Pregnancy, New Motherhood, and Fitness: It's Okay to Take a Break

Pregnancy, New Motherhood, and Fitness: It's Okay to Take a Break

Today let's talk a little bit about running and fitness during pregnancy, after pregnancy, and finding the time as a new mom. Even if you don't have kids or are past this point in your life, it's worth reading along anyway.

I didn't run while I was pregnant.

As you know from last week's post, running did not become my fitness first love or priority until a few years ago. I did however go to the gym five days a week for years and attempted to keep up that fitness routine while I was pregnant.

They say you can maintain your activity level while pregnant since your body is already used to your fitness routine so long as you go by how you feel and make adjustments as your baby continues to grow in your belly.

Once I found out I was pregnant, I quickly stopped doing sit ups and stuck to thirty minutes on the elliptical machine or treadmill as my main form of exercise.

One morning at the gym before work (maybe I was eight weeks along?) the smell inside the locker room nearly killed me (pregnancy hormones will do this to you). I survived by getting myself out of the building as fast as possible in order to take a shower at home which made me late for work. (I am never late!) But staying alive was more important than being on time that day as was the stop at the bagel store for an egg sandwich on the way.

I didn't step foot inside a gym again for a good three years.

I always thought I would maintain my fitness routine while pregnant, but my body told me otherwise.

I had a fairly easy pregnancy (aside from a bout with bed rest at 28 weeks), but I felt nauseated a whole bunch in the beginning, exhausted by the end of the work day, and as my belly got bigger, my back hurt and trying to function just to complete daily tasks was not easy.

When I felt well, which was really most of the time, I kept up my usual morning exercise routine in the form of walking outside before work as well going for walks during my lunch break—which often included a stop at TCBY for a shake on the walk back to work but hey, I was pregnant.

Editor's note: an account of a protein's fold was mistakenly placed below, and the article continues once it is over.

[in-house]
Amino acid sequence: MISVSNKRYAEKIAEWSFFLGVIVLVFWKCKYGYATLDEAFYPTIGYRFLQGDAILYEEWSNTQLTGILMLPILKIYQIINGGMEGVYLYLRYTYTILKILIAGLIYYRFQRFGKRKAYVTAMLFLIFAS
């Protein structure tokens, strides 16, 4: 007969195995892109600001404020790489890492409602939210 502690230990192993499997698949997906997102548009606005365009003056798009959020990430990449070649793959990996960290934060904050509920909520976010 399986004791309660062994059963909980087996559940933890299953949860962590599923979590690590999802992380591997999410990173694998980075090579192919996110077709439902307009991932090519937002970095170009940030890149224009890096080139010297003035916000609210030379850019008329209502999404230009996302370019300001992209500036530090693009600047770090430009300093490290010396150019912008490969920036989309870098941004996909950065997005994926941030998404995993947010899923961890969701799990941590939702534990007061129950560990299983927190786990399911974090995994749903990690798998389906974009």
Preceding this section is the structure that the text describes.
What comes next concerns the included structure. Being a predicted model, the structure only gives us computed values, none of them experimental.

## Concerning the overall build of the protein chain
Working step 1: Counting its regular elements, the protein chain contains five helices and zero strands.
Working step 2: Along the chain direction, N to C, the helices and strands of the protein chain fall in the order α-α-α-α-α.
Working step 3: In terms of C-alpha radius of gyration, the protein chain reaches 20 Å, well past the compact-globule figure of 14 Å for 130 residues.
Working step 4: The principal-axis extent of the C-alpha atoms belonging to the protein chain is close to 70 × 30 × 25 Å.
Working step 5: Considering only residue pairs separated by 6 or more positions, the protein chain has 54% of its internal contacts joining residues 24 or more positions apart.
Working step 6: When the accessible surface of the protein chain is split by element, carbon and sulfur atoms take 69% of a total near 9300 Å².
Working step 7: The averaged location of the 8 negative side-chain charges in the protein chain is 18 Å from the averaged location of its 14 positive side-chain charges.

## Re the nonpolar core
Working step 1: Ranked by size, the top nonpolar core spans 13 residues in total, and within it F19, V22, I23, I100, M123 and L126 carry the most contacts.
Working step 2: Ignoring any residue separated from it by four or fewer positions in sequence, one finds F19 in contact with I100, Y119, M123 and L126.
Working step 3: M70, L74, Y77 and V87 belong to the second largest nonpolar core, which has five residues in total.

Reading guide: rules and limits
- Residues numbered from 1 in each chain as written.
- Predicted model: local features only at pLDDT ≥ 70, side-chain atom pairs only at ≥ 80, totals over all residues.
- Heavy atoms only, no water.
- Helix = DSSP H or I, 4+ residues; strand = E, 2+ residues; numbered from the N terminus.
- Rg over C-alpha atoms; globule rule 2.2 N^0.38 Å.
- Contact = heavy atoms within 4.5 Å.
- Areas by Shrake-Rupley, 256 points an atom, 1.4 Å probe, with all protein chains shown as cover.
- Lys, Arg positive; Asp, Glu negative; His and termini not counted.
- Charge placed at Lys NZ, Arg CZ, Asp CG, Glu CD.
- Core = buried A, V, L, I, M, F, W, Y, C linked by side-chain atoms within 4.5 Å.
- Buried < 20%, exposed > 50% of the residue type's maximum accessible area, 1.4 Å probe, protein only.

I still don't know what I weighed or gained during my pregnancy since I never looked at the scale, but I absolutely enjoyed myself and gained at least the recommended 35 pounds. (I asked the doctor afterwards if I met that amount.)—which all came off within the first year and then some.

My father only wanted to get me a treadmill right before my son was born so that I would be able to get back into my fitness routine without leaving the house. But I didn't want it.

I didn't want a treadmill in my house because I didn't need it staring at me each day as a reminder that I couldn't find thirty minutes to walk or run on it. I knew that having it in my house would make me feel guilty for collapsing into my bed at night, for choosing to shower for more than twenty seconds when I could or sitting down to eat when possible rather than use that time to squeeze in a treadmill run.

Some people can use their exercise equipment as a clothing rack but I knew that I couldn't.

I would have viewed that treadmill as a responsibility and when you have a baby, the last thing you need is another responsibility.

Taking care of an infant is grueling. Anyone who tells you otherwise is lying to you.

The first six weeks after pregnancy you aren't even allowed to exercise because your body needs to recover, hormones need to stabilize, wounds need to heal, and all that recovery requires some rest too. I never got around to that rest part.

My form of exercise was to simply survive taking care of a baby. Just carrying that car seat, taking the stroller in and out of the car multiple times a day, and getting through a 24 hour period was a daily marathon.

At the six-week mark, I did try to return to a fitness routine at home where I did sit ups and free weights but honestly, I felt petrified about the lactic acid getting into my milk which was known to make a nursing baby fussy. Trust me, I didn't need another variable thrown into the mix as to why my baby was crying, screaming, fussing and up all night long.

Aside from driving, nursing was the only time I was able to sit down. Luckily, those rest moments were actually burning calories and tightening my stomach muscles. You know, you burn on average 500 calories a day just from nursing.

I didn't belong to the gym anymore or schedule daily workout sessions, but I sure did a lot of walking. We were always somewhere, always on a walk in the neighborhood or through a mall.

Pregnancy, New Motherhood, and Fitness: It's Okay to Take a Break

I did have a jogging stroller but I think I bought it for the entertaining steering wheel thing rather than for its ability to help me run. I honestly thought that the friendly dashboard would keep the kid humored and quiet—a new mother who knew nothing.

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